IT organizations today are often confronted with having to support three devices per user thanks to the rise in popularity of tablets. The challenge they face is that traditional PCs aren’t necessarily going away. They are still the primary device used to create content. It’s not uncommon for a user to have a smartphone, tablet and a traditional PC.
Microsoft, of course, has lead the charge to reduce the need for a separate tablet device via the introduction of a 2-in-1 category of PCs, most notably in the form of Microsoft Surface systems. At the Mobile World Congress (MWC) 2017 conference this week, Samsung signaled its intentions to directly challenge Microsoft with the launch of 2-in-1 PCs that can run Windows 10 or the Google Android operating system.
Although Samsung has not put a price on either a 10.6-in or 12-in Galaxy Book offering that runs Windows 10, or a Galaxy Tab S3 that runs Android, Samsung has committed to including the keyboard with the systems versus charging extra.
In addition, Samsung says the Galaxy Book makes use of the latest generation of Intel processors to provide a 2-in-1 device that weighs less than a Surface machine. The 12-in Galaxy Book also includes Samsung Flow software that is designed to make it simpler to share data and files between Samsung smartphones and PCs.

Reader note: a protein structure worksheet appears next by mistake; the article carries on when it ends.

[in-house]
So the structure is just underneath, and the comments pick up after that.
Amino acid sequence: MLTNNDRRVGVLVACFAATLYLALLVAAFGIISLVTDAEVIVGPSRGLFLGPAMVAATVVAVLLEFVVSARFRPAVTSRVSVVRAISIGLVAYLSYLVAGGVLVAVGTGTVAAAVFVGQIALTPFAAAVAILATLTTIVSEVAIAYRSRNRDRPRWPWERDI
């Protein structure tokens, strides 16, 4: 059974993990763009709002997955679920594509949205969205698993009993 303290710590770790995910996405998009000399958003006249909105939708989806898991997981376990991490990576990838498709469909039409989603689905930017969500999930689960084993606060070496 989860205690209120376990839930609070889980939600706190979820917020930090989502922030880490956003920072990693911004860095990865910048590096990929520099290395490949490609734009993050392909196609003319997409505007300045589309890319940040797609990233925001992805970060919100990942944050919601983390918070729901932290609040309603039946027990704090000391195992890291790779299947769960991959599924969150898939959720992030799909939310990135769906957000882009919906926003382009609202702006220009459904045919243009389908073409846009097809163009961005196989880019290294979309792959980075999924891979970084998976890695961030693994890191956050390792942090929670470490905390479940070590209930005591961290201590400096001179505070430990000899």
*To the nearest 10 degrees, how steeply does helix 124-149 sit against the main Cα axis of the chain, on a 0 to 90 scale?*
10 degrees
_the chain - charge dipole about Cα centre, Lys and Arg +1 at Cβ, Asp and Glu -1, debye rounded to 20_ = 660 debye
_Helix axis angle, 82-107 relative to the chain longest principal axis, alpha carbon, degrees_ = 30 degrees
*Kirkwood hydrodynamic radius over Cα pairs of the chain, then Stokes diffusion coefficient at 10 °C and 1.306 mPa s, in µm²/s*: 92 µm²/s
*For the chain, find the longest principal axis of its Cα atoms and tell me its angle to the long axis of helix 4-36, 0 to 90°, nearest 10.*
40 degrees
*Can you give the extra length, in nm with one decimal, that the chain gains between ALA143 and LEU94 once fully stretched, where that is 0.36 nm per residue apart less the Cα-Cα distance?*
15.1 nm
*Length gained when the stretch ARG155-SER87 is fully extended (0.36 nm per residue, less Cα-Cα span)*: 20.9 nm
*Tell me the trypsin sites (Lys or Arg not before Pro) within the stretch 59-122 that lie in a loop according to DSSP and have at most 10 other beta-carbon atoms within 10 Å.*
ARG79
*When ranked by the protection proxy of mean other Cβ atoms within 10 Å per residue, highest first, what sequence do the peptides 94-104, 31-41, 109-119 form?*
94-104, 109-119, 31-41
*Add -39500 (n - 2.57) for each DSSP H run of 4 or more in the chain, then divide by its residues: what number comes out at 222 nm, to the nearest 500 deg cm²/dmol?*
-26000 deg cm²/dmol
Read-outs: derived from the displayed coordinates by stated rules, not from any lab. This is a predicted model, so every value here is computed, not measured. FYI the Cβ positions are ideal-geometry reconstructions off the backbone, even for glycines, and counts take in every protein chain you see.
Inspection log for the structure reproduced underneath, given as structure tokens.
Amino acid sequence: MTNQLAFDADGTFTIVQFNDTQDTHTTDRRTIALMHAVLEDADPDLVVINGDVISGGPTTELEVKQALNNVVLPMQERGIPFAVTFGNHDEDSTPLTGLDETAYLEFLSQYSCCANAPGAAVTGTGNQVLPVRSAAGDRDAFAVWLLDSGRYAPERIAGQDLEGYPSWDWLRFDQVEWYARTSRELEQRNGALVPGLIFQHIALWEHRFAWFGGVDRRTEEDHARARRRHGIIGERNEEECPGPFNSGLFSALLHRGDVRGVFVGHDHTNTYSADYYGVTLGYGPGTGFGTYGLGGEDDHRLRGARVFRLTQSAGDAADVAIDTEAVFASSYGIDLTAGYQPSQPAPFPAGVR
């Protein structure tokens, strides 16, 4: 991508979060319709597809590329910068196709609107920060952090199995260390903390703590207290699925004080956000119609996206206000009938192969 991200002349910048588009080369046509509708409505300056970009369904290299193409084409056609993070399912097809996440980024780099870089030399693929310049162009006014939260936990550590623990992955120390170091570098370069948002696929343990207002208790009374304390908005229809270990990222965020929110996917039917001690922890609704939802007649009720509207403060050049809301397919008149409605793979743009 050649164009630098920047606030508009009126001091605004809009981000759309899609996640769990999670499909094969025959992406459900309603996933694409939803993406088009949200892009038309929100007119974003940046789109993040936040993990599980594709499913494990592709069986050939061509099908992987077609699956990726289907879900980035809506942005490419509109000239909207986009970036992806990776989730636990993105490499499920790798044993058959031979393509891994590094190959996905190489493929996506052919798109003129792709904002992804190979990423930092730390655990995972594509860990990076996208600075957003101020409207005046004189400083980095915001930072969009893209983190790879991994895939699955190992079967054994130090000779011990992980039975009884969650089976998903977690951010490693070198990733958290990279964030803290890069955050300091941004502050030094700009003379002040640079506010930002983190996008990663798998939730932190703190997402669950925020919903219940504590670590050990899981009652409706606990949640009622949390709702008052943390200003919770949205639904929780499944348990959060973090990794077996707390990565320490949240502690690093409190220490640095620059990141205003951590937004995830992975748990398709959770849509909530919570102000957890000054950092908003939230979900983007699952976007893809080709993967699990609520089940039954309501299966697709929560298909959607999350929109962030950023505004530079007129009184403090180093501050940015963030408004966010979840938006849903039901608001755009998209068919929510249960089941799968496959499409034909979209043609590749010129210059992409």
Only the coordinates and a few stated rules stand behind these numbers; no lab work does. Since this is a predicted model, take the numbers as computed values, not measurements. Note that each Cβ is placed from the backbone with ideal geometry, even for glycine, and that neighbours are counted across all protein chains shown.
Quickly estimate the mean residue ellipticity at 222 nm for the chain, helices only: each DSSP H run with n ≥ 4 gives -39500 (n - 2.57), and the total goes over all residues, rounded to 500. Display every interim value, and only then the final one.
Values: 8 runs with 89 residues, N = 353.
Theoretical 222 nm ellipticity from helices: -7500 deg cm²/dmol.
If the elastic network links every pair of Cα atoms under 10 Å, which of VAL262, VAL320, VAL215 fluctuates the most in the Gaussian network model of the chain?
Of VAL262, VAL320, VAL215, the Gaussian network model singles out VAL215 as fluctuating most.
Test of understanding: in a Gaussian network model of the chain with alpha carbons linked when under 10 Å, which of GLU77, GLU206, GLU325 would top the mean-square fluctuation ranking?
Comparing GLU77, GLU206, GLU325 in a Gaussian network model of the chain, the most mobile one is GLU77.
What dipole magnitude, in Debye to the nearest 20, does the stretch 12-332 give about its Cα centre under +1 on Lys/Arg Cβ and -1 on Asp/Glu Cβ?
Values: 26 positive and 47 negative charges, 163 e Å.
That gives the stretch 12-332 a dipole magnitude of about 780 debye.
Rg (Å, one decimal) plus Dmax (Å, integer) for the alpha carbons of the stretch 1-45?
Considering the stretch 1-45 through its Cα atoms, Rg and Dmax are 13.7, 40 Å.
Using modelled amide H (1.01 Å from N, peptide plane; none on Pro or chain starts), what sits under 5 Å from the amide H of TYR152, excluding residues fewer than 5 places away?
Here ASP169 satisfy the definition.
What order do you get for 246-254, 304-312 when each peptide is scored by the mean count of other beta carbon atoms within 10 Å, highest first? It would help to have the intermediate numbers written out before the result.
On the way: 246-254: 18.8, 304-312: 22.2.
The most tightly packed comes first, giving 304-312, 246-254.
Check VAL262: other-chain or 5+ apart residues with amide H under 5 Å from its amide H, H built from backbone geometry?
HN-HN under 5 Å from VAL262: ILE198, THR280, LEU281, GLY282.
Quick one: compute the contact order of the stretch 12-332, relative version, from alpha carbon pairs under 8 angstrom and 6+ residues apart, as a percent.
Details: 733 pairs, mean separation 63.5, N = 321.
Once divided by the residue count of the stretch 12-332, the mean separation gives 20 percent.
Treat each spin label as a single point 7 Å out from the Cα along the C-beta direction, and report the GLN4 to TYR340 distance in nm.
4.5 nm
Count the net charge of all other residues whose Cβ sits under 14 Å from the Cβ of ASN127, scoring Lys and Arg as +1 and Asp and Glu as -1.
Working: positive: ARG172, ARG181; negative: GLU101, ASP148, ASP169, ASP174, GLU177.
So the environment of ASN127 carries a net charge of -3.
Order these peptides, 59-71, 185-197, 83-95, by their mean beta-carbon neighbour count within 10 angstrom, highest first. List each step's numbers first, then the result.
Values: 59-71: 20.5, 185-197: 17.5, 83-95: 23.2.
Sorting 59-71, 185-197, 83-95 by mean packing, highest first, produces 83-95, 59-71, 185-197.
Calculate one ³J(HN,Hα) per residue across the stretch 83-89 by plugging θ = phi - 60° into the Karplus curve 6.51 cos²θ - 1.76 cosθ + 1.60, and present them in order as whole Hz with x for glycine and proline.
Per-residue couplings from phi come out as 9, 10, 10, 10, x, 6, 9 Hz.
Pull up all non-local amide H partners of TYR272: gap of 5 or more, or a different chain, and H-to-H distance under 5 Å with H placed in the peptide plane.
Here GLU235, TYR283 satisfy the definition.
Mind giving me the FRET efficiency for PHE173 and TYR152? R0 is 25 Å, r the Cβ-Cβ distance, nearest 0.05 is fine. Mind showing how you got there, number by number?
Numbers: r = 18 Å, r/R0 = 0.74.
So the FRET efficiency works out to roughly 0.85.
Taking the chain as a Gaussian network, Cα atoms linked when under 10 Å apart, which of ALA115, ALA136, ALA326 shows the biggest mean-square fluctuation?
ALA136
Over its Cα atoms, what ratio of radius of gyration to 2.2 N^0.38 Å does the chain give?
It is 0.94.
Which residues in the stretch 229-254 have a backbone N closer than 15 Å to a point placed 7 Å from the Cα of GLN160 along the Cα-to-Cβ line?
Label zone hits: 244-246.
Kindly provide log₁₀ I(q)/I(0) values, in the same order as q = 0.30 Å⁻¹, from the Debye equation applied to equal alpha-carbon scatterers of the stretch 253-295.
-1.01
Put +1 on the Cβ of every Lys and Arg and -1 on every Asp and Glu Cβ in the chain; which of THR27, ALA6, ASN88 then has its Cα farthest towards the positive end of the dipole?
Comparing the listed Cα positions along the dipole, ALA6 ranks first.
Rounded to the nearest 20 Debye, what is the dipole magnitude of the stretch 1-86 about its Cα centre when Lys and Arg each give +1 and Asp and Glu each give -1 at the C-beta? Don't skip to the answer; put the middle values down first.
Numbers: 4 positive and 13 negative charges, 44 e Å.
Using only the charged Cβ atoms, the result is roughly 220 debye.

Samsung is hardly the first PC manufacturer to challenge Microsoft with a rival 2-in-1 design and it remains to be seen what the actual cost of these Samsung devices will be. But Kevin Gilroy, executive vice president and head of Samsung Business, says given the size of the demand for 2-in-1 PCs, there’s plenty of room for both Samsung and Microsoft.
“There are plenty of desktop PCs out there that people want to replace,” says Gilroy.
Driving that transition, says Gilroy, is a need to modernize a broad range of business processes that almost always starts with a mobile device.
PC vendors have been struggling to adjust to the popularity of tablets, with mixed success. For example, 2-in-1 devices are the fastest growing segment of a PC sector that is still declining. IT organizations tend to favor 2-in-1 devices because not only do they support Windows applications, they eliminate the need to support a separate tablet device alongside a phone and a PC. The challenge facing Samsung is not only competing with Microsoft, but also pushing aside rivals such as Dell and Lenovo to gain a much larger piece of a market for mobile computing devices where competition is already pretty fierce.